At this particular clinic, we focused on the obstacles to begin with on Saturday, with small groups working their way through ten or so obstacles over the course of two hours. We then devoted two hours in the evening to learning the introductory dressage test all together. I started off coaching each rider through the first two movements, then taught the next four movements and had the group ride the test from the start once more, one after another. Because of the way that the dressage movements tend to repeat a bit—what you do on one side ends up being ridden again on the other side of the court—I was able to teach the remaining seven movements in one chunk. Thus, on their third time in the dressage court, each rider rode all the movements in the Introductory Dressage test in the correct sequence. By the time the last clinic rider made her final salute, all participants had the test memorized.
The second day of the clinic was structured as a schooling show. Each of the participants rode their dressage test in the morning, and I was delighted to see that the pattern remained etched in their memories. Horses and riders moved seamlessly through the movements that just 14 hours before had seemed insurmountable to several of them. As a group, we set up the obstacles and did a course walk prior to lunch. To help reinforce the learning from the day before, I asked different clinic participants to demonstrate each obstacle as we walked, complete with a verbal explanation of the technical aspects the judge would be looking for and hints for improving the quality of their performance. If the person providing the explanation faltered, other members of the group chimed in, personally embracing one of the philosophies of the sport—that riders help and support one another in the journey.
After lunch, each participant first completed the obstacles as an Ease of Handling ride, while I filled out a scoresheet so they would have something to take with them to guide their future practice. After a short break to let their horse recover, they then rode the same course, but this time we timed it. I explained to the participants that normally they would not do the Speed trial if they were riding at the Introductory level, but that I wanted them to get a feel for how they could still maintain a quiet, soft ride with their horse yet shave precious seconds off their time by selecting course lines with the speed test in mind.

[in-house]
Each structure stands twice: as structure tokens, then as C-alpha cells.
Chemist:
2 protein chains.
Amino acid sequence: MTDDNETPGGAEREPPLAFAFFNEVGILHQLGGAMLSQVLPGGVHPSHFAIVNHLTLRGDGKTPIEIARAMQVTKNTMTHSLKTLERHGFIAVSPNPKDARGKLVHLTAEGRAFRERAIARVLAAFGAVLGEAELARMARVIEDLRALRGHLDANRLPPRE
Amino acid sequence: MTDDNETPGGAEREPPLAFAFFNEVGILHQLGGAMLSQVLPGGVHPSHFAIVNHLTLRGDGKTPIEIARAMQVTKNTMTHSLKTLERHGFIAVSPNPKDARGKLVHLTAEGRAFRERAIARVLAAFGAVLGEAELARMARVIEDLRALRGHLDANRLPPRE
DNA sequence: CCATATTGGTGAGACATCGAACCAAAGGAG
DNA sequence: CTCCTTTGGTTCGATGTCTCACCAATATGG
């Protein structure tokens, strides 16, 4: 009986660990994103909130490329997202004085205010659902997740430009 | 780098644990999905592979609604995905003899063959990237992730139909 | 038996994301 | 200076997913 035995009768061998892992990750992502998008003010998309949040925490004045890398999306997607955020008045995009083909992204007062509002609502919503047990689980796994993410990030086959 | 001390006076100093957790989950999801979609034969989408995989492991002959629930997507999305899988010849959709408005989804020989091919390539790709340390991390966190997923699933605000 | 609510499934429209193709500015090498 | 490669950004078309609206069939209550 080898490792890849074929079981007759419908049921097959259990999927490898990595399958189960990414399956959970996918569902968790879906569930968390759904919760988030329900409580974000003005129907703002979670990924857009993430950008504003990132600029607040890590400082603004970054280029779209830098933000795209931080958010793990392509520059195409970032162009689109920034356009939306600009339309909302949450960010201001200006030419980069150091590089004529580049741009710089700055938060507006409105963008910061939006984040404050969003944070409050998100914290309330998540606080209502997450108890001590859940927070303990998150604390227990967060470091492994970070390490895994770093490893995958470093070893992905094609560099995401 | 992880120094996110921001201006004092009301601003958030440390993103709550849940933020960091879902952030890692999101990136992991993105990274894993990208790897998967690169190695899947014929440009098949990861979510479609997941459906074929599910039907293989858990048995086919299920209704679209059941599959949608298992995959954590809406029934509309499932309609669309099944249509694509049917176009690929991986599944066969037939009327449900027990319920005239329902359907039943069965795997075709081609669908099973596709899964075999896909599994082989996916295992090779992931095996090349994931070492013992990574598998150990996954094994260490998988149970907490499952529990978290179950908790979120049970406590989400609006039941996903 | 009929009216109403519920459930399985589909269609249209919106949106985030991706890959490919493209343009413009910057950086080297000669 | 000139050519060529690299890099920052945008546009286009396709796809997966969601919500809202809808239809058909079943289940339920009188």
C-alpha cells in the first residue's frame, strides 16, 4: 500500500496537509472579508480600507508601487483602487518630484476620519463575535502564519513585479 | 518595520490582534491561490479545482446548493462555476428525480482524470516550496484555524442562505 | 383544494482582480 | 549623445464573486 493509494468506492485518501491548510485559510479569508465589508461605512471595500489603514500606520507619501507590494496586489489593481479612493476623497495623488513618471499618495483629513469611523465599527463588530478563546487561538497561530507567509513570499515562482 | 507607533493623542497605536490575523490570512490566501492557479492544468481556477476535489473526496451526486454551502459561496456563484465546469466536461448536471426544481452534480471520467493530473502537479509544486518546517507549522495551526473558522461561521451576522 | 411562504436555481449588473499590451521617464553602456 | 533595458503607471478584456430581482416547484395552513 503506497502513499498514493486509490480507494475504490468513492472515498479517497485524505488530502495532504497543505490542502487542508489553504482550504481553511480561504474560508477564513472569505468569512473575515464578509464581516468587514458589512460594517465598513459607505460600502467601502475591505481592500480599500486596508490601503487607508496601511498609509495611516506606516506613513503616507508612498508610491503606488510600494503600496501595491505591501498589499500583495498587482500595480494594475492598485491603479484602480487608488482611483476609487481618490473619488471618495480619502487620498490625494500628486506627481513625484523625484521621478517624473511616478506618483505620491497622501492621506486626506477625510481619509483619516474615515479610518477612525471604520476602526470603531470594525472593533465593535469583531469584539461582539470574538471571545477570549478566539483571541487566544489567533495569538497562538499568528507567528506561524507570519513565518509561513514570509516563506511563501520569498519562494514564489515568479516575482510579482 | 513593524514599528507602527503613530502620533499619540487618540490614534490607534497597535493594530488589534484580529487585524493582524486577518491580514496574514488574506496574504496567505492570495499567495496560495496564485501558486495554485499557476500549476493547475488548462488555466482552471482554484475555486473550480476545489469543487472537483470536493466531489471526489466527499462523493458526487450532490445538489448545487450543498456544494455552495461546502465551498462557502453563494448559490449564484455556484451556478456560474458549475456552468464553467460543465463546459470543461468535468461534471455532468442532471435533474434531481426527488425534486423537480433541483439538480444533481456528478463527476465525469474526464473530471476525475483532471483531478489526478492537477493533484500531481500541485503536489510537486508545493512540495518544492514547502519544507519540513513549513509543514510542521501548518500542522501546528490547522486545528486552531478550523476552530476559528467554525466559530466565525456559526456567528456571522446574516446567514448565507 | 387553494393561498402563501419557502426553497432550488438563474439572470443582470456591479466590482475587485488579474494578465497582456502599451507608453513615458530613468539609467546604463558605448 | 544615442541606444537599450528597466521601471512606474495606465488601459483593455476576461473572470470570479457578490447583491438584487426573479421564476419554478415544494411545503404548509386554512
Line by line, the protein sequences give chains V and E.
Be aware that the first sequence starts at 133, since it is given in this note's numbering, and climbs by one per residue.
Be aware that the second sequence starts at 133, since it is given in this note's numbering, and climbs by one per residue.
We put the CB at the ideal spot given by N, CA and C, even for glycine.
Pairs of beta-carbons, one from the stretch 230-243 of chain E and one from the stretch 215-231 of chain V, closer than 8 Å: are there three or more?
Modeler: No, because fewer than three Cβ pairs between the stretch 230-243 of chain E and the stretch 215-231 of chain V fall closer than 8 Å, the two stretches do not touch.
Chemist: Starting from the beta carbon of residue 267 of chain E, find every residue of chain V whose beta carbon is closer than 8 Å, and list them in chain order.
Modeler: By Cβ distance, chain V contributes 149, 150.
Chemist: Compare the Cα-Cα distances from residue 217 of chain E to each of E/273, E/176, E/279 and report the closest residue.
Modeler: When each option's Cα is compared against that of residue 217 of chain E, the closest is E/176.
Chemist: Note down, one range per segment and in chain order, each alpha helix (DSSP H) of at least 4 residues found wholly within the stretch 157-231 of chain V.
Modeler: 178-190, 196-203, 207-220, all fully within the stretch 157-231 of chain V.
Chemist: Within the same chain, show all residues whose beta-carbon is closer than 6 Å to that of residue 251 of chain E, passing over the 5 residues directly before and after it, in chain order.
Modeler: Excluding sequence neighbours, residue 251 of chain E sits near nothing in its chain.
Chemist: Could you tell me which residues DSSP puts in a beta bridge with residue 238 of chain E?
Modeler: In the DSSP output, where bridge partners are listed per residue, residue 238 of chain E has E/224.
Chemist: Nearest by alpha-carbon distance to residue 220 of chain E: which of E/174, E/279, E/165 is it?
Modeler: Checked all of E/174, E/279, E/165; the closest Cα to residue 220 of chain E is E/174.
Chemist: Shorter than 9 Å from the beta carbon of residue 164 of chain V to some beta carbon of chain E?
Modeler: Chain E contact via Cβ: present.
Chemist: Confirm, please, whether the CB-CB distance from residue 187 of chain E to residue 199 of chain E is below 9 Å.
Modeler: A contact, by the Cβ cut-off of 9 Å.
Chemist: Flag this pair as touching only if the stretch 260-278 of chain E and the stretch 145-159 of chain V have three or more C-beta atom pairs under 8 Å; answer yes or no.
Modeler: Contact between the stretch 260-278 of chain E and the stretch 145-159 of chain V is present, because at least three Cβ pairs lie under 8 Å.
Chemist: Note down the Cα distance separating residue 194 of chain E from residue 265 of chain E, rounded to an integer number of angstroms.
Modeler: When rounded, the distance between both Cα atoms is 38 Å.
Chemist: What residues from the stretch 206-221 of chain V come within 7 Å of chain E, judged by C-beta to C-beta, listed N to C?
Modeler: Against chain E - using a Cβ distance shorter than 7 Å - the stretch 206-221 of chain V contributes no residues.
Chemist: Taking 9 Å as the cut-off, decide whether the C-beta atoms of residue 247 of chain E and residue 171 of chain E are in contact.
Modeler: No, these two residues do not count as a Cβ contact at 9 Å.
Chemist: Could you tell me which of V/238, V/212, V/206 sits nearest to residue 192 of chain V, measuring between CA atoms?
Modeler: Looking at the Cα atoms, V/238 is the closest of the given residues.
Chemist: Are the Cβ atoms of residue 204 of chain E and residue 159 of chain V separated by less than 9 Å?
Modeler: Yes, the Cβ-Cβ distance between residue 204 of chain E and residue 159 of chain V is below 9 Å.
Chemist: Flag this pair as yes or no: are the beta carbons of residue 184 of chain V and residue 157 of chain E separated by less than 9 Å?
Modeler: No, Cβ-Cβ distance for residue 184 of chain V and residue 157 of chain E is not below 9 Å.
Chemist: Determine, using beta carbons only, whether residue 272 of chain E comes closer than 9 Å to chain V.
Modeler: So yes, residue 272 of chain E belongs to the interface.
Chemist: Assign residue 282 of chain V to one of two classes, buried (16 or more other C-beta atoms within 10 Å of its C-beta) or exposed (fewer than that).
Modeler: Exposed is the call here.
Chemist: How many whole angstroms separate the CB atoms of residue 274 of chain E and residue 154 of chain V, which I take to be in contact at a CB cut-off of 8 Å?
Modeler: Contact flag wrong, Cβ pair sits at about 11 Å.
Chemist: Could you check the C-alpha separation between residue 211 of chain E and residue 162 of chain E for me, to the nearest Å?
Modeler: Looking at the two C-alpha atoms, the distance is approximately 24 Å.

As each horse/rider pair waltzed through the Ease of Handling course and then picked up the pace slightly to boogie in Speed, all in attendance saw firsthand how much horses and riders alike came alive and seemed to enjoy adding a little “zip” to their obstacle performance, all the while maintaining quietness and relaxation in the obstacles themselves.
Lots of laughter, big smiles, and bright-eyed horses filled the arena as—once again—a pony turned in the fastest time of the day, underscoring the truism that extra agility and the ability to maneuver well in tight spaces often comes with smaller stature.
I truly do love teaching these introductory clinics because it is so gratifying to see people become more attuned to their horses and horses more willing to listen to and trust their riders. Equally gratifying, though, are the opportunities such events provide for people to support one another, to cheer each other on, and to willingly accept the challenge of becoming more aware of how their attitude, posture, focus, and ‘self-talk’ can either bolster or degrade their ability to achieve their goals.
Although many equine activities provide similar opportunities for such growth, in my fifty years with horses and horse people, I have yet to find anything else that so consistently fosters strong improvement in horsemanship while simultaneously helping people become kinder and more supportive of one another. No wonder Working Equitation is catching on so quickly across North America!
To learn more about WE United visit their website: www.weunited.us